The dead cell phone token
South African token provider Fire ID is launching today at the RSA Conference in San Francisco. Company CEO Jenny Dugmore is at the show to raise the profile of the company, which to date has business relationships mostly in its home base and in Slovakia.
The company offers a software authentication system that provides a one time password from software loaded on a cell phone. A server in the datacenter carries a duplicate version of the software that uses the same seed to generate the same password. Occasionally, said Dugman, they may get out of sync and then the phone's owner would need to connect to the Internet and sync up with the base server. But most of the time, they would be one or two passwords off and the server would handle that problem automatically.
The cell phone generates a one time password, preferably while not connected to the Internet. Since it's a one time password, keylogging has no effect, and as long as the phone's not connected to the Internet, the password cannot be intercepted.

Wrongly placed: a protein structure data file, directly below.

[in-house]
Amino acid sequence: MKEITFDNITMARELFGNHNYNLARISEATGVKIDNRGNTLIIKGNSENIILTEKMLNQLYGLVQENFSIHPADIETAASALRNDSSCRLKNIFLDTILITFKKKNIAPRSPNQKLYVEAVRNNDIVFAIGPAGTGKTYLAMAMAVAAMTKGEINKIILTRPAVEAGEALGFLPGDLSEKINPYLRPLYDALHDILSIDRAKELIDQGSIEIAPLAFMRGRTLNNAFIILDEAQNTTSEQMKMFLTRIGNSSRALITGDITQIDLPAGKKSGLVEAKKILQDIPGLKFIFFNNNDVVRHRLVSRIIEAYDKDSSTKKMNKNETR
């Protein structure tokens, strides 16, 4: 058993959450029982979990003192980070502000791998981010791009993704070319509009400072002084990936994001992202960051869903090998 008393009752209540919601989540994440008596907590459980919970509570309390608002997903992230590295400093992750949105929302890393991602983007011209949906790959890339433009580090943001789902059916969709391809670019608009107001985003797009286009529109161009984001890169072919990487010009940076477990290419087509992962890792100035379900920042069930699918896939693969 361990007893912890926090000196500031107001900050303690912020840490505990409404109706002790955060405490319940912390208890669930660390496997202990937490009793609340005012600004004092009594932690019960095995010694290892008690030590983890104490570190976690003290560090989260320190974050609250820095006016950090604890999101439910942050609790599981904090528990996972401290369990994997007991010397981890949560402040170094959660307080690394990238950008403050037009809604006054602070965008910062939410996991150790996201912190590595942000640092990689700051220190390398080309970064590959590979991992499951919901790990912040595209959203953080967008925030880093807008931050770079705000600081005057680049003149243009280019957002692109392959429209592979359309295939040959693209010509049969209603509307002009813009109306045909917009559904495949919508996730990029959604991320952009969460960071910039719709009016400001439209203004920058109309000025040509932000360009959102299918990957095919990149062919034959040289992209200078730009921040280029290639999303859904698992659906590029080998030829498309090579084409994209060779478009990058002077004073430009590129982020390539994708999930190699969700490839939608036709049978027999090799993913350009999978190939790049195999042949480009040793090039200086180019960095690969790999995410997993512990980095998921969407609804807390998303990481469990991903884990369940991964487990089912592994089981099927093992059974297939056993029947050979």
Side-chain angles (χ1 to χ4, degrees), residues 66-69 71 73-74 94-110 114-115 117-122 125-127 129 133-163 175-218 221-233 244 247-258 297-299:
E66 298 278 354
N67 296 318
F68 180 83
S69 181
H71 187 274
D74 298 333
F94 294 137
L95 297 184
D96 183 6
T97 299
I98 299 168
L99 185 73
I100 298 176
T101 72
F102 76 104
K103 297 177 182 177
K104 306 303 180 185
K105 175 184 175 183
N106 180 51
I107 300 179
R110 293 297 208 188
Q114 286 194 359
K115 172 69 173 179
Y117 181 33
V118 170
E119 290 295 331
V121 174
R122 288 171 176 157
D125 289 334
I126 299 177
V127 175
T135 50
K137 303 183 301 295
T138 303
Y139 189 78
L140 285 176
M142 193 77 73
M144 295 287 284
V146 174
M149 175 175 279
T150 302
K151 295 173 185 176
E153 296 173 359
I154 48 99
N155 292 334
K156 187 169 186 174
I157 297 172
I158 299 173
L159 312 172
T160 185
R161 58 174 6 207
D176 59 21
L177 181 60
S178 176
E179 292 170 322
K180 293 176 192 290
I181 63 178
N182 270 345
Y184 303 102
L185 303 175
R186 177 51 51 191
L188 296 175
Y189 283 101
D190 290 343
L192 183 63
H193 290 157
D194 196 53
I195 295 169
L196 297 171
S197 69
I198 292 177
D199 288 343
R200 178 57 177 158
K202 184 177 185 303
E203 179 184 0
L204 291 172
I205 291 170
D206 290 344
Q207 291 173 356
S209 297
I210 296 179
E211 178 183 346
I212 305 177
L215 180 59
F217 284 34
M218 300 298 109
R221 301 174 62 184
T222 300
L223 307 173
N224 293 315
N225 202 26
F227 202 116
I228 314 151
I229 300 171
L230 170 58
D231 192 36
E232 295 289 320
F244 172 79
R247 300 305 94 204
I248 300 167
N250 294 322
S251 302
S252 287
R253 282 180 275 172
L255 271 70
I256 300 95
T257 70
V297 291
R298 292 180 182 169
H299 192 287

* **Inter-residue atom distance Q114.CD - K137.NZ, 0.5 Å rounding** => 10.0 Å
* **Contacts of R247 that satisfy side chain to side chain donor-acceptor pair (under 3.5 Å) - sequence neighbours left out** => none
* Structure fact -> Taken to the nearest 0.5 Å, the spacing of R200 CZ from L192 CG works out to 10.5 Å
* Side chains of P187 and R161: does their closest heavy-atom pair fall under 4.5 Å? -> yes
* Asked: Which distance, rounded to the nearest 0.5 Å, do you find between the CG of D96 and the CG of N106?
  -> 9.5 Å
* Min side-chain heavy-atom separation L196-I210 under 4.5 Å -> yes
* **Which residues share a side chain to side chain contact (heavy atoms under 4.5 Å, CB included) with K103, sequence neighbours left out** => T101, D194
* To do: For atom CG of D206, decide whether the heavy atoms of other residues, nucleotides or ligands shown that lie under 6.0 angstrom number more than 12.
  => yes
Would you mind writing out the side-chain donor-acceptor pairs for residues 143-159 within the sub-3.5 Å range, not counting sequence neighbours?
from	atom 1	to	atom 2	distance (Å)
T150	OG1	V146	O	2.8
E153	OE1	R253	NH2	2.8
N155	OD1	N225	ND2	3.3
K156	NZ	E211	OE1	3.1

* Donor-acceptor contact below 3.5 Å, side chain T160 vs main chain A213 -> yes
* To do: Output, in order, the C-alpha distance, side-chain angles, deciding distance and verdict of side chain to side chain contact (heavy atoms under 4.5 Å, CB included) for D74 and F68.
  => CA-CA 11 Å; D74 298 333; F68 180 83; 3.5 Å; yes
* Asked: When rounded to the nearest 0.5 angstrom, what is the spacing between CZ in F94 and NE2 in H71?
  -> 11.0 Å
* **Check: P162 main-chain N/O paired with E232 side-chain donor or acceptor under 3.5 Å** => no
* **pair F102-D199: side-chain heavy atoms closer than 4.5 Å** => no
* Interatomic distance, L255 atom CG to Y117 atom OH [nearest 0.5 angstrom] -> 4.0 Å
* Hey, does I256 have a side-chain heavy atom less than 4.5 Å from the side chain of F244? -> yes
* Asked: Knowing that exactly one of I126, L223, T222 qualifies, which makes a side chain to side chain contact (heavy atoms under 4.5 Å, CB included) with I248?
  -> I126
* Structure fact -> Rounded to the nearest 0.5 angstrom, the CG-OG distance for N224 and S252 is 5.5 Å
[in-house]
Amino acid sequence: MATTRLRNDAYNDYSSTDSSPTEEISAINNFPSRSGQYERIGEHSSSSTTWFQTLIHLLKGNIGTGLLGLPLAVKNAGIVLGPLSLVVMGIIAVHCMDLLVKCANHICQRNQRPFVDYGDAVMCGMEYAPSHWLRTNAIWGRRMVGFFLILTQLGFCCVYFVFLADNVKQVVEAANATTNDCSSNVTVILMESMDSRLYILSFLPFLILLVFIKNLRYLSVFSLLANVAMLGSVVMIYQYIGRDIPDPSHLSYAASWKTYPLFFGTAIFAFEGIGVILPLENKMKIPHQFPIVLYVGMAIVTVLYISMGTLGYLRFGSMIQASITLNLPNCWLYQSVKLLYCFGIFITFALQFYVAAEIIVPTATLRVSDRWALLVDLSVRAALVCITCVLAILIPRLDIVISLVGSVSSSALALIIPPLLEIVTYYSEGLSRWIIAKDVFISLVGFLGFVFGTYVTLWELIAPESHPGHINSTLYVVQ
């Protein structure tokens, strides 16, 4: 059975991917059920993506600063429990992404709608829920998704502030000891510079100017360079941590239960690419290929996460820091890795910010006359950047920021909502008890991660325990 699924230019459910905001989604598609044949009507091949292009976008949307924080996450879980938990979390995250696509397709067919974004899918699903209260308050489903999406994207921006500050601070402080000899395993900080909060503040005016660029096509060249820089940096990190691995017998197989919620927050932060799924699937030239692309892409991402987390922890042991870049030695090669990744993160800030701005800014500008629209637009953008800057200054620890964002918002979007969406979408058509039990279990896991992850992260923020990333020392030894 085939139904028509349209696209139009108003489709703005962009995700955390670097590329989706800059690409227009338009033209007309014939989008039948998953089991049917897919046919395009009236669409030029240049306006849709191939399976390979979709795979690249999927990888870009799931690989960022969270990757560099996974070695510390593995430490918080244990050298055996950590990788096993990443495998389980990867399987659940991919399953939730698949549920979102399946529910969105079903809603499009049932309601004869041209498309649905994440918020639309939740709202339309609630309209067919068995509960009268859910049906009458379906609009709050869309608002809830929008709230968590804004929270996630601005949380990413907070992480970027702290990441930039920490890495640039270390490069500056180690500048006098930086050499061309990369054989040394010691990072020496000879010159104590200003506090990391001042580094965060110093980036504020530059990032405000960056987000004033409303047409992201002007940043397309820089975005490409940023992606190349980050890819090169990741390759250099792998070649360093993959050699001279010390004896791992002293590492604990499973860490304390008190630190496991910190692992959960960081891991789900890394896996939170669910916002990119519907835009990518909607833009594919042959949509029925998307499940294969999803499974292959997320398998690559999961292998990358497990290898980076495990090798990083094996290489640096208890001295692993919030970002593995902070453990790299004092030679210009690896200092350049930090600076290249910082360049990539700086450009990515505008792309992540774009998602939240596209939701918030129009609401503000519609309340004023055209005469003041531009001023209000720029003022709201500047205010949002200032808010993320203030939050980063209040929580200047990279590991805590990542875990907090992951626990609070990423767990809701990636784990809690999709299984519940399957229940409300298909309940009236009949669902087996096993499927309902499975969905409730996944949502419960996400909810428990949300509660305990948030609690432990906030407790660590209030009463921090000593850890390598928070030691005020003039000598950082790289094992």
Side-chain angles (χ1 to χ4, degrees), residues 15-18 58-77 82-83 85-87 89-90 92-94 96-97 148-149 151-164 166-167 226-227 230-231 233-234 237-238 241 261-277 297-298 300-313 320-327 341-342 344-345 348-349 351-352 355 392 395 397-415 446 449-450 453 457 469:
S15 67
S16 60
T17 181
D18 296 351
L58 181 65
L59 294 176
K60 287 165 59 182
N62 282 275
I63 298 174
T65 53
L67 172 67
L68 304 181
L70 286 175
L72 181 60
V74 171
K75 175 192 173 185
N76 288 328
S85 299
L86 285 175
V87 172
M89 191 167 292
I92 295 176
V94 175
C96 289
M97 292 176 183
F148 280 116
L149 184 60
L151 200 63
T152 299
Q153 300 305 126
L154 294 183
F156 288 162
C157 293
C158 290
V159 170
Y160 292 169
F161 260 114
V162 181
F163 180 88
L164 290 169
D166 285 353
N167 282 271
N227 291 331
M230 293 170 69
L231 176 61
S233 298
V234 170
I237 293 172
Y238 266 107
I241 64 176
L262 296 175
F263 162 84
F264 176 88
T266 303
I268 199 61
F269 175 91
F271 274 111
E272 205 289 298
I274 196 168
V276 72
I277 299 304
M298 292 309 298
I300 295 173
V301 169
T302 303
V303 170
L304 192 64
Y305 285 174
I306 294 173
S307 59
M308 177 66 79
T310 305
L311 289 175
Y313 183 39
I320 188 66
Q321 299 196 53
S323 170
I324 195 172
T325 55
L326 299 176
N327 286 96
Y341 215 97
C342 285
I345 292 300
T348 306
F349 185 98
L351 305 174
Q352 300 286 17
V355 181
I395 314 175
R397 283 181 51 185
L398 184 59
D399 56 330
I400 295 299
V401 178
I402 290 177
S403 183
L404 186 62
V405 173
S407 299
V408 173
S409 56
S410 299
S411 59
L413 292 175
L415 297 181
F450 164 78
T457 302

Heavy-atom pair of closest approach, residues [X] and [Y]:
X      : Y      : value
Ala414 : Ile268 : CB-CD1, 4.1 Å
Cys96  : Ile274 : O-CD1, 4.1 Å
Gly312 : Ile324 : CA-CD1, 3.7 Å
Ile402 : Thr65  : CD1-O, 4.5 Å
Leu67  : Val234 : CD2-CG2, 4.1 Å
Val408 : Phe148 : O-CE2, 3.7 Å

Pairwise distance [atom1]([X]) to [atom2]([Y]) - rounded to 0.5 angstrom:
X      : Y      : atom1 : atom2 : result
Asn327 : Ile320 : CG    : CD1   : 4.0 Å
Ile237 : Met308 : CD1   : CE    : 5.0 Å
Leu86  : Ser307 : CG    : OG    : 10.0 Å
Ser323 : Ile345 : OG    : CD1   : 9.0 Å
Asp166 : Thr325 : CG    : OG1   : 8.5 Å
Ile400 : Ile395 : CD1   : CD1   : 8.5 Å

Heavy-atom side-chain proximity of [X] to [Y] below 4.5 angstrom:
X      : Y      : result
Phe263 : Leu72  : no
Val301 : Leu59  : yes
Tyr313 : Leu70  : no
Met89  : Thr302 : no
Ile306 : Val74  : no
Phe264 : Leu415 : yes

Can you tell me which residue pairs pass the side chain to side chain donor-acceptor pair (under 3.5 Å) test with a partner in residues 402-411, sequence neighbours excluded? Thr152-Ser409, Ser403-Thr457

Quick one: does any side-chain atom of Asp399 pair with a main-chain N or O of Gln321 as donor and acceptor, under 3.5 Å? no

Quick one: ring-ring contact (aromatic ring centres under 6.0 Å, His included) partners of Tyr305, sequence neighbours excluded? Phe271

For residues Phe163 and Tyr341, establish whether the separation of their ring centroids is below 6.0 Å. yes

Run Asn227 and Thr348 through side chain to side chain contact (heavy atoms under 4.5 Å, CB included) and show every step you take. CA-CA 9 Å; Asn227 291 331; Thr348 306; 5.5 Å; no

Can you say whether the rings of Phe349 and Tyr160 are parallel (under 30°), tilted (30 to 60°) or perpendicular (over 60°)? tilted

Starting at $30 per person per year, with steep discounts for volume buys, the software token should compare favorably in price to hardware tokens, and Dugmore also pointed out that it's designed to be loaded on the one item that users will always have with them.
A consumer version of the software will see the clients given away free and the servers sold to enterprises.
If this idea is as good as it seems -- and it's only been on the market since January -- there will be imitators. But it wasn't developed overnight. The company was founded in 2006, launched nationally in South Africa in January, and launches in the U.S. today with big plans. "We believe that the U.S. is potentially our primary market," said Dugmore.
In fact, there's already a competitor in the U.S. market: Charismathics, which hopes to distribute a similar app for the iPhone.